Visitors to California from the east coast are often heard to observe that the State does not appear to have a past. This is especially true in Los Angeles where one noted that everything appeared to have been built yesterday.
However in the smaller towns and cities of the Sacramento Valley the past does meet the present often in buildings standing side by side. Also here many people have roots dating back more than one generation and so take pride in the history, earlier culture and heritage of where they live.
This is very evident in Yolo County situated north of Sacramento. A roadside sign will point you to "Historic Downtown Woodland" and a Main Street that brings the past alive with tree lined streets and red brick buildings that proclaim their link with the past.
So it follows that here is also a place to find some outstanding museums that have captured this past in graphic detail.
On our short exploration of Yolo County we found two that were each most remarkable.
The California Agriculture Museum is located in Woodland and has on display the most complete collection of agricultural machinery to be found anywhere. Here one finds the first machines to replace the horse on a working farm starting with steam driven tractors and combines. Certainly this is the correct location for this museum since the region has a rich successful agricultural history dating back to the early 1800s.
Much of this huge collection is the work of one man, Fred Heidrick Senior who over a period of decades collected agricultural equipment from horse drawn implements to the machine age of tractors, trucks, and harvesters.
As we wandered through the museum we were particularly interested in the first steam driven tractors and harvesters which were huge in size and intricate in design.
We were fortunate to have Bob Dedford as our guide during our tour who had a good many details of interest. We learned it was not until 1931 that the first rubber tires were used on tractors. Also that with some models of tractors only a few hundred were built before design flaws would need to create a new and more adoptable model.
This museum is huge in size and scope and one can spend hours here looking at a Model A truck or 1920s bus or the tractors in every shape and size. Over the years the museum has also served as a great event venue offering a huge banquet hall, garden courtyard and a new grand exposition facility.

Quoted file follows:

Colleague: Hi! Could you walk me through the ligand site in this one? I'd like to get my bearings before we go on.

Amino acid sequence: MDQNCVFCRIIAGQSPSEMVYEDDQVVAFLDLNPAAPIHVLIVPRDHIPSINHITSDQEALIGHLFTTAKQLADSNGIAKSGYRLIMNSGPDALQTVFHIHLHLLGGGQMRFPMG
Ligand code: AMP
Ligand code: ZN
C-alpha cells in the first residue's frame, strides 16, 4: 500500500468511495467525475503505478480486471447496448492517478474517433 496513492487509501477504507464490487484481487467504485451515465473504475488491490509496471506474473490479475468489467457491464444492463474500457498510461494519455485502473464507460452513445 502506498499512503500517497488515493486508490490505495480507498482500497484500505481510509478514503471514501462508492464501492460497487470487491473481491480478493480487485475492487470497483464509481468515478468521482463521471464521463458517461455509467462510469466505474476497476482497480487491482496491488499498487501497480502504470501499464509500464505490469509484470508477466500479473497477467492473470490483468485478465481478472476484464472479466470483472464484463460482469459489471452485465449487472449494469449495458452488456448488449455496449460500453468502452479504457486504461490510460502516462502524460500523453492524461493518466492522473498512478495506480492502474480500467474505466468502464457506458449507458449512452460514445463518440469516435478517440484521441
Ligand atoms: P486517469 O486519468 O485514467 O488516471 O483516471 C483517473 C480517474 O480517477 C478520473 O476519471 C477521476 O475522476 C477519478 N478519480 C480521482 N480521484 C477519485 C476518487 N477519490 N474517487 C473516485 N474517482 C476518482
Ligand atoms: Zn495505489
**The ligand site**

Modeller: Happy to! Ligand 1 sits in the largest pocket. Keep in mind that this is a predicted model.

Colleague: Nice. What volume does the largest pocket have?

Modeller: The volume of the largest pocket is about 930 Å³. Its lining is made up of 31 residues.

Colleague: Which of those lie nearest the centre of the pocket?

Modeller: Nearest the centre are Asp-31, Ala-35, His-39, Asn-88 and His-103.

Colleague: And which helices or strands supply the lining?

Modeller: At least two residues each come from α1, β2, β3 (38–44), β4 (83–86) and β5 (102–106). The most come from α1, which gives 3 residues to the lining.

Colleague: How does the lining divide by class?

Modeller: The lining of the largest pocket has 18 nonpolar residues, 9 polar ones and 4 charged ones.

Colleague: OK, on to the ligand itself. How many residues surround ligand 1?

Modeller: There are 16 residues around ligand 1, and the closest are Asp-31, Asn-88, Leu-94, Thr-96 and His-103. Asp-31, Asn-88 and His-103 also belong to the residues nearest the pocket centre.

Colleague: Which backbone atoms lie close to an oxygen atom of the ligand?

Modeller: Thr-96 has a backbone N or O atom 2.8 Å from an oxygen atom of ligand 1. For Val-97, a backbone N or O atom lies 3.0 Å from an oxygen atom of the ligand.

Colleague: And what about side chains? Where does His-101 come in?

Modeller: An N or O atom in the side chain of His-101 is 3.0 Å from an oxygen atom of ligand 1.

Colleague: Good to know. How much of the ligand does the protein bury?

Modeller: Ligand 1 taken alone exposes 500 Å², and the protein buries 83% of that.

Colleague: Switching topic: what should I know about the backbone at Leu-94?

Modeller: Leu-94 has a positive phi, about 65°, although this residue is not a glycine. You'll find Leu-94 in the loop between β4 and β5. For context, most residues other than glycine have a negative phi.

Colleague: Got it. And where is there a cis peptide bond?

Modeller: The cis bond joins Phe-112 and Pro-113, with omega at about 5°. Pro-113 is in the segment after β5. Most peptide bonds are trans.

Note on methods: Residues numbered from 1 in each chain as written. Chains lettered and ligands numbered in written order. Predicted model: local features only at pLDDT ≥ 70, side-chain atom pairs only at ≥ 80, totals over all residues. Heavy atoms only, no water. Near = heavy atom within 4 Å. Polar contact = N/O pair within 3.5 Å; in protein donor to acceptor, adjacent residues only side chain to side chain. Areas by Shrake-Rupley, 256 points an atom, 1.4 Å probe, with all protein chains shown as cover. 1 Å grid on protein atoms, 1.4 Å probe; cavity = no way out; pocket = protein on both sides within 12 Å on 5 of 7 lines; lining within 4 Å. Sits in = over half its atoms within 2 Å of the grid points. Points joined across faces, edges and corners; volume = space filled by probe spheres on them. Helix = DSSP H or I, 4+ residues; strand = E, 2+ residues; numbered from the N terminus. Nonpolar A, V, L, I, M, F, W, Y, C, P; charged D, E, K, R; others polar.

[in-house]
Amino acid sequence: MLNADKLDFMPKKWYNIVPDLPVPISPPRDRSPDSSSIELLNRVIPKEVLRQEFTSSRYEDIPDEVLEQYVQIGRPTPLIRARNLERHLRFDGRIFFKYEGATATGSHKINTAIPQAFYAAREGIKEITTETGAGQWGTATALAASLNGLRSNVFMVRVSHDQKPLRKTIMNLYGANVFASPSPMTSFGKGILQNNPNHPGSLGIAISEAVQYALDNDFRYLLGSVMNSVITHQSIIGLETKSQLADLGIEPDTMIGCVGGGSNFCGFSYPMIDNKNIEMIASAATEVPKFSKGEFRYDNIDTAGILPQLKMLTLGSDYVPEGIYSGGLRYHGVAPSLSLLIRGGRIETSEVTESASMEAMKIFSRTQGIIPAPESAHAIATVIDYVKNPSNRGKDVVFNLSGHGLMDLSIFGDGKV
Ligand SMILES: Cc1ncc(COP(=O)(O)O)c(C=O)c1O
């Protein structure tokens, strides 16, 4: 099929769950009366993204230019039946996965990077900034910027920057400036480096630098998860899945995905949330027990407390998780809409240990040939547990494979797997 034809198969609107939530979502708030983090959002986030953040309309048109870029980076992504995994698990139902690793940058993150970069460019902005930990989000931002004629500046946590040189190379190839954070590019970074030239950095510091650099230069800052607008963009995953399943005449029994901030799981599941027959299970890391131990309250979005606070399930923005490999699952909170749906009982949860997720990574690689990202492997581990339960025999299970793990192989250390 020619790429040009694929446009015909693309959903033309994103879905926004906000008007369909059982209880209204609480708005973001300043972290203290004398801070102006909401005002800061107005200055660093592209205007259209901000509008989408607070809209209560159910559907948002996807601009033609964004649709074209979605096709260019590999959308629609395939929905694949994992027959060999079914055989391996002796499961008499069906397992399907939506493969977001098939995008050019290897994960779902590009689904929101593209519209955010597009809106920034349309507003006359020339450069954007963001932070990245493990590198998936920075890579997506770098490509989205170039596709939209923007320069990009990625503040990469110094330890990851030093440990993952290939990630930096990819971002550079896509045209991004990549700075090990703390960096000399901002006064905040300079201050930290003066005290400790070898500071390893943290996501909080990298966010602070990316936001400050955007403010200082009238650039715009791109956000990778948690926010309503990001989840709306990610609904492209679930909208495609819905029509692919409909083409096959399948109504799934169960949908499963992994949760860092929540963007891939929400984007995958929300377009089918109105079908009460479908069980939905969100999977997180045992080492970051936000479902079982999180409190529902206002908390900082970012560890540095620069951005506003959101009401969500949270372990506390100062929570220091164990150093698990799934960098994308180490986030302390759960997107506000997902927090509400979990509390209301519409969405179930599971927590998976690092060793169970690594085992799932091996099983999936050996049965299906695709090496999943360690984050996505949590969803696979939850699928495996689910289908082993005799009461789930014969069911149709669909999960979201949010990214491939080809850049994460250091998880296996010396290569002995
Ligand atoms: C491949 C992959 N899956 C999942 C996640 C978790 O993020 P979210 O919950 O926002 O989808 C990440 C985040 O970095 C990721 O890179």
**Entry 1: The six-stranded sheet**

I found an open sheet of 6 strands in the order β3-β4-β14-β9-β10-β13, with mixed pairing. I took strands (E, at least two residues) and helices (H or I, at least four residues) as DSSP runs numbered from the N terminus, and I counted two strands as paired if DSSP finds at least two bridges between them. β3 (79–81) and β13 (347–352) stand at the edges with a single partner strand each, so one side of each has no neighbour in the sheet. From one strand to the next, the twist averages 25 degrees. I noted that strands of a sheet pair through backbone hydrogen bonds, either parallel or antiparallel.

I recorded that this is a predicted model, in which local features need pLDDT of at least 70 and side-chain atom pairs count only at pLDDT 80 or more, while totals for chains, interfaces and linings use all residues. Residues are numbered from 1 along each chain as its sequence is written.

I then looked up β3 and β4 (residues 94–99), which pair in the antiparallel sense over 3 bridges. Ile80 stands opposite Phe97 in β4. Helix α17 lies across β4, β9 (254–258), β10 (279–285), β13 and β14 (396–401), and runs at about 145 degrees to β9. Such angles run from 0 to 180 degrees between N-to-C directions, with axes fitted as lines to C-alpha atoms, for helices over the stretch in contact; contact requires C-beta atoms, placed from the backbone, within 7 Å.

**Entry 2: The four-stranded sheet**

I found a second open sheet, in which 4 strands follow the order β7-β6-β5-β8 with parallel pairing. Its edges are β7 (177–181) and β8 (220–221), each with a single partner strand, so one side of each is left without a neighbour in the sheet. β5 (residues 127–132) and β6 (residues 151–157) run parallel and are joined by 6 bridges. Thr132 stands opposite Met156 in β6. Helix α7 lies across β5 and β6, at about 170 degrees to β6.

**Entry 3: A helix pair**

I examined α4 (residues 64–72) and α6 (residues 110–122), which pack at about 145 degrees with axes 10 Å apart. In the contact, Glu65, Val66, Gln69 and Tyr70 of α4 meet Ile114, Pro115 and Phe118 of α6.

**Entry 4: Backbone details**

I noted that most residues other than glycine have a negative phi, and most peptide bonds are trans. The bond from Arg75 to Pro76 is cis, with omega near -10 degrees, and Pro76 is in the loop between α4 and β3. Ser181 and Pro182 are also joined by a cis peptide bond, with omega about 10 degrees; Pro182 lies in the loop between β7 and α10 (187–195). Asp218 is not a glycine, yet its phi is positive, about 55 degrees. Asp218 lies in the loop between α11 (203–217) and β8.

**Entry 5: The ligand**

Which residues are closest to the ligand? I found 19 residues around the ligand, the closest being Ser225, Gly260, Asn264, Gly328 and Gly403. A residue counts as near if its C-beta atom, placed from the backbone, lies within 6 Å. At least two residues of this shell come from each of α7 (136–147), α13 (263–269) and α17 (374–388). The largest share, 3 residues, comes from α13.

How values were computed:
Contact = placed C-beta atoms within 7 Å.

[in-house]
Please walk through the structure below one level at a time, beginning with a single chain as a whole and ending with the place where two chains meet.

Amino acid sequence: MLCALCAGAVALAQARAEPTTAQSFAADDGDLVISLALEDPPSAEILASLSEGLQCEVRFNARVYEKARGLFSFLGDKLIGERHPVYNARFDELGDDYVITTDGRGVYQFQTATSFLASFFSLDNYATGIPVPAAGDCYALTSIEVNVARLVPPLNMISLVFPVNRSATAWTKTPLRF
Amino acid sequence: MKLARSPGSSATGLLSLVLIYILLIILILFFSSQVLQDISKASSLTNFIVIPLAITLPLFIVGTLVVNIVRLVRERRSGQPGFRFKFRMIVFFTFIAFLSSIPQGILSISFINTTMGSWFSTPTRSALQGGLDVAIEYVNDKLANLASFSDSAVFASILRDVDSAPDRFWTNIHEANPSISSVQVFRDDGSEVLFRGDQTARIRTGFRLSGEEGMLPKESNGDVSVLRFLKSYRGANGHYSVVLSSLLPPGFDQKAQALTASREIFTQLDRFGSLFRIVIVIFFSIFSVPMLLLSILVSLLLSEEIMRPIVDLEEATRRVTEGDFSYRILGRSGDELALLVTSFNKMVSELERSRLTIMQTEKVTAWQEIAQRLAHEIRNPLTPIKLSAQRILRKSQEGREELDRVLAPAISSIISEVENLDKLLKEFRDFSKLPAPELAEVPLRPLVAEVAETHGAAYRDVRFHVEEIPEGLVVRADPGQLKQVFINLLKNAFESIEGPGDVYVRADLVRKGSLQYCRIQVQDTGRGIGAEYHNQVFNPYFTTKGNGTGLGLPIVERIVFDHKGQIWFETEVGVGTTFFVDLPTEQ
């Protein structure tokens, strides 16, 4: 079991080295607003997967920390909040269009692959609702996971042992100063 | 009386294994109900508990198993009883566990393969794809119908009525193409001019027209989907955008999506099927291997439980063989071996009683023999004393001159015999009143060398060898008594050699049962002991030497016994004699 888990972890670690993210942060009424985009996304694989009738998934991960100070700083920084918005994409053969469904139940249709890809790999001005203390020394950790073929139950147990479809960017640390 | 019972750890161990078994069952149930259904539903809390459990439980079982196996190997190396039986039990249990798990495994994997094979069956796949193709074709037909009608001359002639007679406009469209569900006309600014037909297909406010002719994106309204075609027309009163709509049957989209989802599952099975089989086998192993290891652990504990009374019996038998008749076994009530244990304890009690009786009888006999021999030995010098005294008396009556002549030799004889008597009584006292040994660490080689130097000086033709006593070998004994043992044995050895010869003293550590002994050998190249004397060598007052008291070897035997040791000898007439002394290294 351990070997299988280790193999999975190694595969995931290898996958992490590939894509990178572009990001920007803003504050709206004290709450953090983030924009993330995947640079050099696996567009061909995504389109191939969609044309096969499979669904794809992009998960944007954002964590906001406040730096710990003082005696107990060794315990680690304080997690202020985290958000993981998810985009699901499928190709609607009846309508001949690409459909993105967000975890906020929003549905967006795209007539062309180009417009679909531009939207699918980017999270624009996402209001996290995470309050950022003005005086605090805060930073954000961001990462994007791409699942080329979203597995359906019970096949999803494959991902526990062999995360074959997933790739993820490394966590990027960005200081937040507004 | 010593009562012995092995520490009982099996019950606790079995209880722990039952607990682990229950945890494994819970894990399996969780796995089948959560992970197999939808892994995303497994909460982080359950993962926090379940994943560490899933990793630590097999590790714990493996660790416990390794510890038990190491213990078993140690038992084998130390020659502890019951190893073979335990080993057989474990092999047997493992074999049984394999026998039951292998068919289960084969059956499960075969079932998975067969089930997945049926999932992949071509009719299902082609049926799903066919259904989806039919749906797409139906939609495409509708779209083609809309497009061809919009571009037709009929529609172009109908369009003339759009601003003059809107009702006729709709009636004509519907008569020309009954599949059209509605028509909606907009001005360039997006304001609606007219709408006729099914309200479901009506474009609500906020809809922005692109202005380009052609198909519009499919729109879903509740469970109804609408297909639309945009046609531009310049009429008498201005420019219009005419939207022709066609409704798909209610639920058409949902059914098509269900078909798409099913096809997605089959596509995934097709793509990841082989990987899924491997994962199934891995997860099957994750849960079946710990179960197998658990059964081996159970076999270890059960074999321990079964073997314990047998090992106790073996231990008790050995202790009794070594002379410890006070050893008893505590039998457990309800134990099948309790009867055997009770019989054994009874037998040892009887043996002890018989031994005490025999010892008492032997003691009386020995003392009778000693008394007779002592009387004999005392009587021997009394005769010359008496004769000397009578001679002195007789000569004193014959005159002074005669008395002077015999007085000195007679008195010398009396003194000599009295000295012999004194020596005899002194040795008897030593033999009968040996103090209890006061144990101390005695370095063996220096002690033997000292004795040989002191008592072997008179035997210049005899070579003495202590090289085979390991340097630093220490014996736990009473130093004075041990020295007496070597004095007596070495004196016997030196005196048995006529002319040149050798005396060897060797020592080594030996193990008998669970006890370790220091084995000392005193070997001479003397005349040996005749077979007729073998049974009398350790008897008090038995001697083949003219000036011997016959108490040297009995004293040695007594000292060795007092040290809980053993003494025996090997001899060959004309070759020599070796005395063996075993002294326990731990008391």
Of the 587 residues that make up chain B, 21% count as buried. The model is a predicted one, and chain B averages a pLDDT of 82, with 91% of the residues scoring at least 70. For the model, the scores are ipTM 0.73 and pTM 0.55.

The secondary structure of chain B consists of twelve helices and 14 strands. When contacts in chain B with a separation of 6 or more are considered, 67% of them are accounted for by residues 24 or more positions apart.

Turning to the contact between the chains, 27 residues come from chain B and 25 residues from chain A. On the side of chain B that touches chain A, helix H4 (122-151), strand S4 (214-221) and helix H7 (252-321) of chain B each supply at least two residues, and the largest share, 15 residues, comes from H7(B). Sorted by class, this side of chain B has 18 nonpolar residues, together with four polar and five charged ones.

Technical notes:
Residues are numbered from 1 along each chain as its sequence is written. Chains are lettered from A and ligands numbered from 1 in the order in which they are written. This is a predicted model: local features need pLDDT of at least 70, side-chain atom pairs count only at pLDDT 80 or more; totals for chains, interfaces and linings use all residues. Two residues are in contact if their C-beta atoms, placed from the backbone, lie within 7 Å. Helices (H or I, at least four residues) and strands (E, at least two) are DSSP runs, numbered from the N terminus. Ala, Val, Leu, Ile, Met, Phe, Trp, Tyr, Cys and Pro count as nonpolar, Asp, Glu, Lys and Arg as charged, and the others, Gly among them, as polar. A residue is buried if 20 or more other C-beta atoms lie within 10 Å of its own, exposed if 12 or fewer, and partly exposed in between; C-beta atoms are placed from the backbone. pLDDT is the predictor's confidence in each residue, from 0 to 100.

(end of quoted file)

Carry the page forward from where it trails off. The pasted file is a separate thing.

A surprise to us was the number of early farm harvesters that were actually built in California.
The California Agriculture Museum is located at 1962 Hays Lane in Woodland, Ca. Hours are 10 a.m. to 5 p.m. Wednesday thru Saturday, from 10 a.m. to 4 p.m. on Sunday, closed Monday and Tuesday
Davis is a college town home to University of California Davis, with enjoys a world wide reputation for its Viticulure and Enology Courses and attracts students from almost every wine producing country. Currently the University has an enrollment of 35,000 which makes a huge impact on Davis's population of 65,000 residents.
While in Davis we visited the U S Bicycling Hall of Fame. Davis could be called the bicycling capital of the United State. Seventeen thousand UC Davis students have bicycles and use them for transportation. While we were there in May it was National Bike Month with a celebration and on July 4th a Bike Criterium and Sidewalk sale.
The Bike Museum shows bicycles from the earliest models which began in England early in the 1800s. The Museum also honors the yearly newcomers named to the Hall of Fame. One of the things we learned was that California was the first state in the nation to officially designate bike paths, this taking place in the 1960s. In the countryside surrounding Davis there are one hundred miles of biking trails.
Currently the Hall of Fame has 65,000 members, nation wide, and the museum also is headquarters for the Davis Bike Club. Ron Reagan was our guide on our tour of the museum and explained how the mechanics of bicycles evolved through the years.
The United States Bicycling Hall of Fame is located at 303 3rd Street, Davis, Ca. Telephone 530 341-3263, web www.usbhof.org. Hours are Wednesday 4 p.m. to 6 p.m., Saturday 10 a.m. to 2 p.m.
Once a year Woodland's Main Street becomes an auto museum and we were there when the annual car show took place.
That afternoon Main Street in Woodland looked like a time warp as it was lined with three hundred automobiles from earlier decades, and all looking shiny and new.
This has been an annual event in Yolo County and Woodland for thirty years. Main Street was closed, with foot traffic only, as folk, including this Writer, sought out models of cars owned and cherished in another time. I found a T Bird like I once owned and also a Chevy pickup like the one that hauled my cabover camper for some years.
We met with Dave Standard, chairman of the event, who told us this showing has become a tradition in Yolo County with owners and these cars coming to the event from all over the west.. This year the oldest car was a 1913 Buick. Dave had his 1937 Studebaker on display and proudly showed it to us.
In the evening these automobiles come to life and street cruisers take over proving that, besides, looking pretty, they still run as efficiently as ever.
This Street Cruising becomes almost like an impromptu parade with drivers and passengers cheerfully waving to the crowd of spectators as they drive through town.
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